How good do you have to be?
By Jake Heppner
Have you ever wondered just how good you have to be to 'make it' into heaven? What kind of standard will God use to evaluate my life? Will he compare me to murderers and kidnappers and see that I'm not such a bad person, or will He find things in my life that will condemn me?
Mark 10 records the question of a young man who asked Jesus what he had to do to gain eternal life. Jesus first asked him if he had kept the commandments, and, surprisingly enough, the young man proclaimed that he had kept the commandments acceptably. Jesus' next statement, however, defines the difference between the individual who is merely morally religious, and the individual who is a Christian: "Then Jesus, looking at him, loved him, and said to him, "One thing you lack: Go your way, sell whatever you have and give to the poor, and you will have treasure in heaven; and come, take up the cross, and follow Me."(Mark 10:21).
Keeping the commandments is good, but no one can truly keep them with perfection; the commandments are a valuable tool in defining sin, but are incapable with dealing with our hearts, only our actions. Jesus taught that hatred we hold in our heart is equal with murder, and lust we embrace in our thoughts is on par with the act of adultery. Jesus is looking for true followers: not just people who outwardly 'behave,' but people who will make Him their Savior, pledge their allegiance to Him, and allow Him to transform them from the heart. The term 'Christian' defines an individual who has put Jesus at the center of their life; their faith for forgiveness from God rests solely on Jesus' death on the cross and resurrection from the dead, and they have decided to follow Jesus no matter the cost or consequence. The young man who came to Jesus in Mark 10 was willing to keep the commandments, but unwilling to give up what was most precious to him - his money - and unwilling to risk persecution - whatever 'cross' Christ may ask him to bear.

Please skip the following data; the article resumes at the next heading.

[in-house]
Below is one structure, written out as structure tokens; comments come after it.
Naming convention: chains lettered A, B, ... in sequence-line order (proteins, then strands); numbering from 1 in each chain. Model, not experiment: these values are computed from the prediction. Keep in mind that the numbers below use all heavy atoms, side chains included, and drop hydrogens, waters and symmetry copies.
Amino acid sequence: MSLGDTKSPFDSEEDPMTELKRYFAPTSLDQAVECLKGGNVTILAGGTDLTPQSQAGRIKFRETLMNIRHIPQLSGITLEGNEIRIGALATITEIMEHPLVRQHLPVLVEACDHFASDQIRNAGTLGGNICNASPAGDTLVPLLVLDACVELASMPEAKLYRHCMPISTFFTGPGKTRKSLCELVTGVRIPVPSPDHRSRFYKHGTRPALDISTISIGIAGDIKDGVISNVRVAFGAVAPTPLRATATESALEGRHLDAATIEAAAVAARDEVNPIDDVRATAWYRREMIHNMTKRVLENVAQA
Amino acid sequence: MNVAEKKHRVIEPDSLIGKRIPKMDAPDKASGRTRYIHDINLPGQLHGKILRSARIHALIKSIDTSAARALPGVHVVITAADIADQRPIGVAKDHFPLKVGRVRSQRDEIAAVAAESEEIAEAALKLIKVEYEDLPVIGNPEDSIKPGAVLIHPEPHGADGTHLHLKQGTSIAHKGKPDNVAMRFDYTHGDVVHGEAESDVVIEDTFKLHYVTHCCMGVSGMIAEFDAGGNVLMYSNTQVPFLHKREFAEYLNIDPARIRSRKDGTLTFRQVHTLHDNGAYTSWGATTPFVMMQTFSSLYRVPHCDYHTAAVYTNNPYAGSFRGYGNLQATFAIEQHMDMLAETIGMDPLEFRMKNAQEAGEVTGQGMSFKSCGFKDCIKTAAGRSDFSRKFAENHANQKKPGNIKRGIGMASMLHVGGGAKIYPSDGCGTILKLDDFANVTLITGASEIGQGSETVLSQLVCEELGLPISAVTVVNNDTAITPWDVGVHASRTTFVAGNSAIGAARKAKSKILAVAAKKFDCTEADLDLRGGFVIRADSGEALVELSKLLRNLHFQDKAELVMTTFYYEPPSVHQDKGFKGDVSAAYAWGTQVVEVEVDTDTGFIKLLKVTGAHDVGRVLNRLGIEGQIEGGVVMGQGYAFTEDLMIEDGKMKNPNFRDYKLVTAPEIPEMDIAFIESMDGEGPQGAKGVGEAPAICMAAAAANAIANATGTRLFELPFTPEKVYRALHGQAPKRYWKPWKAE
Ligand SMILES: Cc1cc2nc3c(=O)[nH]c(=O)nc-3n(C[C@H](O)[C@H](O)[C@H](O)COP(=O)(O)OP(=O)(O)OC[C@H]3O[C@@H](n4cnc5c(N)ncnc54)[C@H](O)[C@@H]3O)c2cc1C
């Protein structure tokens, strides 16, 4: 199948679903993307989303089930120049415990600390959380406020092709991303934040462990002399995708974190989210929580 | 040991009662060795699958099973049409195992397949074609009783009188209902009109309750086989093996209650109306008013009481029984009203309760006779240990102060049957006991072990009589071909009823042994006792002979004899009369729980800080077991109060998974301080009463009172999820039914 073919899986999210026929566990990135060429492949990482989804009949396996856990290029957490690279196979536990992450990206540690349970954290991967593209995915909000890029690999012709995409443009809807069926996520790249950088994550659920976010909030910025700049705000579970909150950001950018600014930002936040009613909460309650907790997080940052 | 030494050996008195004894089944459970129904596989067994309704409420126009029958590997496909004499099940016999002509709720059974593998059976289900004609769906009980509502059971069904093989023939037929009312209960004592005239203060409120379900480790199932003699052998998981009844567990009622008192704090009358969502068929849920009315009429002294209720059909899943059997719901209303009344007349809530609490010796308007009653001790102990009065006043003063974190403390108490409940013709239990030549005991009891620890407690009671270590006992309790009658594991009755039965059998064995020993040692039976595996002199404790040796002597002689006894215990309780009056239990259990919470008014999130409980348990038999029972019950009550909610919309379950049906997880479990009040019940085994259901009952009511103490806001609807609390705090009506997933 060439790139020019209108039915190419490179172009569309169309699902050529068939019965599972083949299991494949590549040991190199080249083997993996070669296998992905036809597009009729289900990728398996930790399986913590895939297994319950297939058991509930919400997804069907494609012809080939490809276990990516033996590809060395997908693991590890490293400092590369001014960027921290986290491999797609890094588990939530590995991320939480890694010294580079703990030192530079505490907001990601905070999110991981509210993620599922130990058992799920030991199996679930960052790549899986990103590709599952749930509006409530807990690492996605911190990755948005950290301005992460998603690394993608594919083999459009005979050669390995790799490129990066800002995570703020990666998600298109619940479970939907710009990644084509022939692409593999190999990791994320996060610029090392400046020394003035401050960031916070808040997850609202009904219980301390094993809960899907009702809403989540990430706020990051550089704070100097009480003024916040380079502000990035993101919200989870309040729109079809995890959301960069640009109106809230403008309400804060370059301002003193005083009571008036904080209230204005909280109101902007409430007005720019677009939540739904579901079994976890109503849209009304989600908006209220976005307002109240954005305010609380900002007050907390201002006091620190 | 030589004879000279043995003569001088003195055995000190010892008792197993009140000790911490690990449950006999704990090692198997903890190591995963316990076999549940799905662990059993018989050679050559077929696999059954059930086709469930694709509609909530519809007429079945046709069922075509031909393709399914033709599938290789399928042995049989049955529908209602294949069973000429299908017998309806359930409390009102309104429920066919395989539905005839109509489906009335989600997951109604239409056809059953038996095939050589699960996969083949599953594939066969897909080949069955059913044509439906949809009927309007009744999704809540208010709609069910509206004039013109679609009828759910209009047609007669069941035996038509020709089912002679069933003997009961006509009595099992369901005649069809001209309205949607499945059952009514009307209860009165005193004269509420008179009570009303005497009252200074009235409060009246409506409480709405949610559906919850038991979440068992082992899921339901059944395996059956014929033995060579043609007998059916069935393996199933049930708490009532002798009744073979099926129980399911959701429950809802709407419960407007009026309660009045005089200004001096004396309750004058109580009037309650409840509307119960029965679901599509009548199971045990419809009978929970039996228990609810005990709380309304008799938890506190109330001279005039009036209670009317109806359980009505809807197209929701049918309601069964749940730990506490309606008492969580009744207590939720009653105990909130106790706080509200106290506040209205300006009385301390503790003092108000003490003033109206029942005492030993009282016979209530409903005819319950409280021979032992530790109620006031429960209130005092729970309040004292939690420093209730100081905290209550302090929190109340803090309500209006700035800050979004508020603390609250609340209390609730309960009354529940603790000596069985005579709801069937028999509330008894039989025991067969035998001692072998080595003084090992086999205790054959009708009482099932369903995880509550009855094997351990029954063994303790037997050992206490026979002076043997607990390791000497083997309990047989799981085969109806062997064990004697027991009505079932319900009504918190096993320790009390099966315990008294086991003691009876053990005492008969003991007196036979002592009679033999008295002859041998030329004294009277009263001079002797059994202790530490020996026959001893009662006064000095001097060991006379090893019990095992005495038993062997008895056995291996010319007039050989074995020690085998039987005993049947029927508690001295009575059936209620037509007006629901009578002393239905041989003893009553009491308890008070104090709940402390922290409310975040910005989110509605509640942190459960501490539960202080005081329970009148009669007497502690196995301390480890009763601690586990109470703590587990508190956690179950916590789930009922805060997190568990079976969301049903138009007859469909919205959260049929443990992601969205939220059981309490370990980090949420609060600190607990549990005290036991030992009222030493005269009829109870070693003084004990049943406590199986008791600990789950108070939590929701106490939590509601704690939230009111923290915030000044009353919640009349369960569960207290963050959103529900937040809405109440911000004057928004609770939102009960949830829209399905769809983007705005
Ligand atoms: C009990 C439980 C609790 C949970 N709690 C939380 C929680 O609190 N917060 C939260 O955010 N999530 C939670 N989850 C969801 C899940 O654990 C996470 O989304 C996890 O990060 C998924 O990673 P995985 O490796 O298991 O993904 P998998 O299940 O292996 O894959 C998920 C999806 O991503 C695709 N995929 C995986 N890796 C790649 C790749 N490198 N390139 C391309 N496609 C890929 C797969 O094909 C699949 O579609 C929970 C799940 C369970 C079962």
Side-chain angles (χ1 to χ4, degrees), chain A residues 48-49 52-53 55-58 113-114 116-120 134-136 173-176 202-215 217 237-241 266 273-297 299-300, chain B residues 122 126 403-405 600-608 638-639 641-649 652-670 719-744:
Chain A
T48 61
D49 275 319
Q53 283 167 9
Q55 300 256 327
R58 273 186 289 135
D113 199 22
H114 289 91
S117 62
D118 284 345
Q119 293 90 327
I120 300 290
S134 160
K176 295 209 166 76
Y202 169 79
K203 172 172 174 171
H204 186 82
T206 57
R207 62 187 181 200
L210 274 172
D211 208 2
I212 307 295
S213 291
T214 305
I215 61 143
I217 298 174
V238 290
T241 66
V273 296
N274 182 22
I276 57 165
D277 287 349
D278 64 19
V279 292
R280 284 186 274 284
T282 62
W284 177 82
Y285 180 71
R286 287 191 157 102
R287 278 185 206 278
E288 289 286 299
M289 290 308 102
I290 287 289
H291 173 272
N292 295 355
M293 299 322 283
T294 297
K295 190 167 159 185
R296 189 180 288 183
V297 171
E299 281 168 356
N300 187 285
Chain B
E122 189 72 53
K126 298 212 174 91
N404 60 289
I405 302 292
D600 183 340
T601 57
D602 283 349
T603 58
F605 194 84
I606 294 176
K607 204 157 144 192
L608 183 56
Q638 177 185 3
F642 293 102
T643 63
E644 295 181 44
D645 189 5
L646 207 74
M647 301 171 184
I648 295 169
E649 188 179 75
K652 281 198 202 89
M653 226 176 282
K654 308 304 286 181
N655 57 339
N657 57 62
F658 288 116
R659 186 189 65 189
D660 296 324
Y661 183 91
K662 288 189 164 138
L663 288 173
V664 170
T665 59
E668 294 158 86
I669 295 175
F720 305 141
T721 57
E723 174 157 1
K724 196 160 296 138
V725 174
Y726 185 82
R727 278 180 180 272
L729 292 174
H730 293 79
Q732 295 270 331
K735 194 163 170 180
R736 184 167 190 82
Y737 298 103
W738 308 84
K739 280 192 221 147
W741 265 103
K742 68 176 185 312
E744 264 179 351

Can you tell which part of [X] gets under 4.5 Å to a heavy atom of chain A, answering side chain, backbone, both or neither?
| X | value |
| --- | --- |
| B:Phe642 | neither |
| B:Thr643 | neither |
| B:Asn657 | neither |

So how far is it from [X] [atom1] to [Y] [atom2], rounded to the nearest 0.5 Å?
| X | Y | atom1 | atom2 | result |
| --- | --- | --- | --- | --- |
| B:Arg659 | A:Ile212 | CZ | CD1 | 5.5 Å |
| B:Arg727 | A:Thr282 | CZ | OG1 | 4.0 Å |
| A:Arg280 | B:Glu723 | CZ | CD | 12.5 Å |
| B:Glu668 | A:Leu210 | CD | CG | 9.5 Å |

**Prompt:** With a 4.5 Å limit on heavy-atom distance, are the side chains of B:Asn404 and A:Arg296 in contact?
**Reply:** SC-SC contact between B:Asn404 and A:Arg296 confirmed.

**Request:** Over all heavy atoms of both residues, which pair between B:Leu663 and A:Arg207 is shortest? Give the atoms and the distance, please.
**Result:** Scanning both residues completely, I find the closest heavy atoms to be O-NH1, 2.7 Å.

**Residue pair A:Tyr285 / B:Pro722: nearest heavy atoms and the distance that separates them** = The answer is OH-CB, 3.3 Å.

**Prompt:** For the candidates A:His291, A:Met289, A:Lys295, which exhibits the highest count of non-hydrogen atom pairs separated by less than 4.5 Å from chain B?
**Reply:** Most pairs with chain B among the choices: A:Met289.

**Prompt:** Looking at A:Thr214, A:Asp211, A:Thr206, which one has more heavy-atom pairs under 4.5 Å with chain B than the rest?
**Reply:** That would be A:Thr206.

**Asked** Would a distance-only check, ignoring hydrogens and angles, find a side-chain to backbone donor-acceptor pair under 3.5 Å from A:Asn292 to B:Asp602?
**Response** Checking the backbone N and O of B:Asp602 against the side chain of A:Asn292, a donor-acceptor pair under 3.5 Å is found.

So how good does one have to be in order to 'make it' into heaven? The answer lies not solely in our morality, but in our faith in Jesus as Savior. Philippians 3 describes the need for a righteousness much higher than the small righteousness we could perhaps achieve with our own morality: each one of us needs a righteousness equal with God's righteousness, a righteousness that can never be earned or deserved, but can be received as a gift from God, "...that I may gain Christ and be found in Him, not having my own righteousness, which is from the law, but that which is through faith in Christ, the righteousness which is from God by faith, that I may know Him and the power of His resurrection, and the fellowship of His sufferings, being conformed to His death, if, by any means, I may attain to the resurrection from the dead."